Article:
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Hidden Hometown Heroes


Honoring the heroic efforts of those in our community.
Congratulation to
Sister Kathleen Atkinson, Gary Braun, Dustin Hollevoet, Tim Kellar, Katie Oakland, and Sherrice Roness!


On the morning of November 19, 2018, tragedy struck the Bismarck-Mandan community.

Three medical professionals were tragically killed in a plane bound for Williston.

The Bismarck Air Medical paramedic, pilot and registered nurse aboard the plane left a lasting impact on the lives of their fellow co-workers, friends and family.

This unexpected tragedy, gave birth to hundreds of stories emphasizing how powerful and inspirational these three individuals, really were.

To honor their legacies and the continued efforts of other unsung heroes — Scheels, the Larks and Bismarck Magazine have joined forces to recognize extraordinary hidden hometown heroes in our local community.


We were overwhelmed by worthy nominations in this year’s Hidden Hometown Hero stories.

We selected the 18 people that truly embody what it means to be a hidden hero. These people are all worthy of praise for their selfless acts. Check out who won the honor below. Their full stories are available in the latest edition of Bismarck Magazine.

You voted for and selected the people you thought were the standouts of the group. We had a ton of people vote and every one of our 18 heros had a lot of support. The standouts you chose were:

  • Sister Kathleen Atkinson
  • Gary Braun
  • Dustin Hollevoet
  • Tim Kellar
  • Katie Oakland
  • Sherrice Roness

These great people will be acknowledged at Larks games and again by Bismarck Magazine.


2019 Hidden Hometown Heroes Nominees

“Scheels is honored to partner up with the Larks and Bismarck Magazine on this great community event. Hidden Hometown Heroes is an opportunity for us to give back to the community in a very unique way, showcasing some of the many people that make the Bismarck/Mandan area so great. This program aligns perfectly with the Scheels culture. It gives us a platform to say ‘Thank You’ to the special men and women in our community, and also highlights the simple act of kindness and the powerful affect it can have on others.”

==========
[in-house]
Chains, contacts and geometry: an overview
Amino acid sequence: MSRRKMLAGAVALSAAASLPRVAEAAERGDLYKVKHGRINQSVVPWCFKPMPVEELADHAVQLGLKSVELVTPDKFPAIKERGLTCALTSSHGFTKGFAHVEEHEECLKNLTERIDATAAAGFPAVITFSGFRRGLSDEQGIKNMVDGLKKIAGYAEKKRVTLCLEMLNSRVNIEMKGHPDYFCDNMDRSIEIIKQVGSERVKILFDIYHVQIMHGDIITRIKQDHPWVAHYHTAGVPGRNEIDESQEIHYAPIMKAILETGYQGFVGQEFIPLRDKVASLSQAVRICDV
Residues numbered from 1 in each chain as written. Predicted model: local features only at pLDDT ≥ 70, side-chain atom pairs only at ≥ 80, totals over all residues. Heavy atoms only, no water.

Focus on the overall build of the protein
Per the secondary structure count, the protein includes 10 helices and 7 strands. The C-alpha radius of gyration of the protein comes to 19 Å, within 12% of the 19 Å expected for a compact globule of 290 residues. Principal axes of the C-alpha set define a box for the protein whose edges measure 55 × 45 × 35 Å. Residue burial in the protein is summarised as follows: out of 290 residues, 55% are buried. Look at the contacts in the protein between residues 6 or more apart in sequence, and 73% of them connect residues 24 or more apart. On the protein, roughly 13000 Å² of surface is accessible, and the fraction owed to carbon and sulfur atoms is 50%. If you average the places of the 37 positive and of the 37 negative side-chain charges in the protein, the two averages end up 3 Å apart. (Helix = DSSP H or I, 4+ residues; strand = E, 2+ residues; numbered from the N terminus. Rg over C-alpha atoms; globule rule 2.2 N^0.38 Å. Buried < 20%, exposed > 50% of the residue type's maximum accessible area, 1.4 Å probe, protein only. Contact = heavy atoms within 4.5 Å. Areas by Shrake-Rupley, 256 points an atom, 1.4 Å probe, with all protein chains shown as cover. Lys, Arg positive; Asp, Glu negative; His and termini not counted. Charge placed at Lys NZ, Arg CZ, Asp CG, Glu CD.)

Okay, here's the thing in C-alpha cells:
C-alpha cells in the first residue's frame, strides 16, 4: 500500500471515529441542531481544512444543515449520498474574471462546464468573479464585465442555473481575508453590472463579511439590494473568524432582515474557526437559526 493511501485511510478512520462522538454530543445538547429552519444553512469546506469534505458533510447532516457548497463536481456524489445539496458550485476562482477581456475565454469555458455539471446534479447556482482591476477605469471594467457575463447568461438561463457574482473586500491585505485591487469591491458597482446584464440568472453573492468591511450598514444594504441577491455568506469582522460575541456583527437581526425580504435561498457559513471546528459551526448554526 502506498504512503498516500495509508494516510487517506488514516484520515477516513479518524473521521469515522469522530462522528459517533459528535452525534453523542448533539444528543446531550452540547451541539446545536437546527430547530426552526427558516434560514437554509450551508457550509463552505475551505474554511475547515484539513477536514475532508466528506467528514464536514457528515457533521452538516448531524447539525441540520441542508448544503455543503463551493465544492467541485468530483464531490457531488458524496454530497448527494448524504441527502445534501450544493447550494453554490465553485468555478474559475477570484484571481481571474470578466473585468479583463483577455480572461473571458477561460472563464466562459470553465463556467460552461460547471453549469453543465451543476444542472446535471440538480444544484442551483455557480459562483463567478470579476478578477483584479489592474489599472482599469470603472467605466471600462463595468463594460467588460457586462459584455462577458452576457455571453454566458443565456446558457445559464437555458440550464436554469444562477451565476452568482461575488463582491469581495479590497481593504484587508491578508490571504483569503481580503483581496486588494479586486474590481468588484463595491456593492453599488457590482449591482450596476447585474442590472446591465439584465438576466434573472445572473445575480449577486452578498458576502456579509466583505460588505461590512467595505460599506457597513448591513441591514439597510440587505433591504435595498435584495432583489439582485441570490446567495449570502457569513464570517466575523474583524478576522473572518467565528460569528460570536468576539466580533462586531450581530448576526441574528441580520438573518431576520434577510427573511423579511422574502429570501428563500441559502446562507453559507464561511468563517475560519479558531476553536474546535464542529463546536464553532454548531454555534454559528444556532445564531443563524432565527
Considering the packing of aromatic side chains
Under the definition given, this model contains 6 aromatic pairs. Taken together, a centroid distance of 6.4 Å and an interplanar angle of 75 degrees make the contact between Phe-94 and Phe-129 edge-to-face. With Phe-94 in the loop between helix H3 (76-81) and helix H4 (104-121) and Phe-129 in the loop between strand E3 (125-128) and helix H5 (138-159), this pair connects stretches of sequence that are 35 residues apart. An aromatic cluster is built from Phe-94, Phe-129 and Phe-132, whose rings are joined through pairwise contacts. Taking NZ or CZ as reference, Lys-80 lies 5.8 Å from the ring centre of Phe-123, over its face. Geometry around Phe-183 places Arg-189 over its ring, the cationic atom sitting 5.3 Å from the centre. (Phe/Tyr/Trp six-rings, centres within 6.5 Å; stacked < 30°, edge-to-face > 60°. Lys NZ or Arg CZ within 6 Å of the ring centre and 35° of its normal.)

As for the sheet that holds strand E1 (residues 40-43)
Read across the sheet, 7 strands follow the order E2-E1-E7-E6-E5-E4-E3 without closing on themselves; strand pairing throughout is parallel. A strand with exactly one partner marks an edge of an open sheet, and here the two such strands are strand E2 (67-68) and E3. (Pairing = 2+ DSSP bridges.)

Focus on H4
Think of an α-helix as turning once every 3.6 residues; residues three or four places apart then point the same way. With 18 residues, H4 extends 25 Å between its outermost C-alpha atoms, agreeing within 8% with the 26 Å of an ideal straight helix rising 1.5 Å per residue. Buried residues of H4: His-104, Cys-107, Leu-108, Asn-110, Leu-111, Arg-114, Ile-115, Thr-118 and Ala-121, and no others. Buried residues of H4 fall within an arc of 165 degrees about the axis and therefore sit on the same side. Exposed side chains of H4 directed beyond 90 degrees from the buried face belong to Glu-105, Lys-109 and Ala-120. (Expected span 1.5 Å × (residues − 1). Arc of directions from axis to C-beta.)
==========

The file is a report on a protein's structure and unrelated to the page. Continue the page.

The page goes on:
– Tyler Halm
Vice President and Store Manager, Scheels Bismarck


Katherine Pendergast, Pet Therapy

Before Carmela, the thought of pet therapy had never even crossed Katherine Pendergast’s mind. In fact, Katherine didn’t even know it existed. What prompted the idea was when Carmela was a puppy, she had a strong love for people. “I felt like she had a special connection with strangers, especially kids. Children can be unpredictable, with loud noises, but she just always did great with unpredictable situations and big crowds. This made me believe that she was destined to do something,” says Katherine.

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Al Wolf, Varius Non-Profits

Al Wolf reached 88 years of life last month, he has used most of those years helping causes far beyond what was expected. Al has a spirit of giving and made time for numerous charities and special causes. He’s been a member of the Bismarck Knights of Columbus since 1960 and a member of the Bismarck Rotary since 1968. He was instrumental in welcoming the first women into Rotary. “When they wouldn’t give women cards, I went to the head of Rotary in Chicago and demanded they were admitted. I left with their cards and delivered them to the three ladies in Bismarck,” says Al.

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Ron Staiger, Bismarck Event Center

Ron Staiger has been working for over 30 years at the Bismarck Event Center as the liaison between the event center and the promoter. Whether the promoter is a famous musician, traveling tour, rodeo, or sports team, Ron fulfills their requests. Ron goes above and beyond simply doing his job for every project he manages. Governor Dalrymple has recognized Ron for all the extra work he’s done and awarded him the ‘Love North Dakota’ license plate. This honor is given to individuals who have significantly helped the governor during their time in office.

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Sue Skalicky, Author

Sue was a journalist for about 32 years. She taught English and Journalism at Century and Legacy High School until 2017 when she resigned to write her first book, Change for a Penny. The book is a self-help memoir that deals with telling the story of your past and future. The idea was sparked from a defining moment in Sue’s life. A survivor of sexual abuse, she struggled with her past. In 2001, Sue was having a low day when she decided to pick up a penny from the ground. It was dirty and damaged, but this penny made Sue realize, “No matter what life looks like, what I’ve done, how I feel right now, my life is as redeemable now as it was the day God created me.”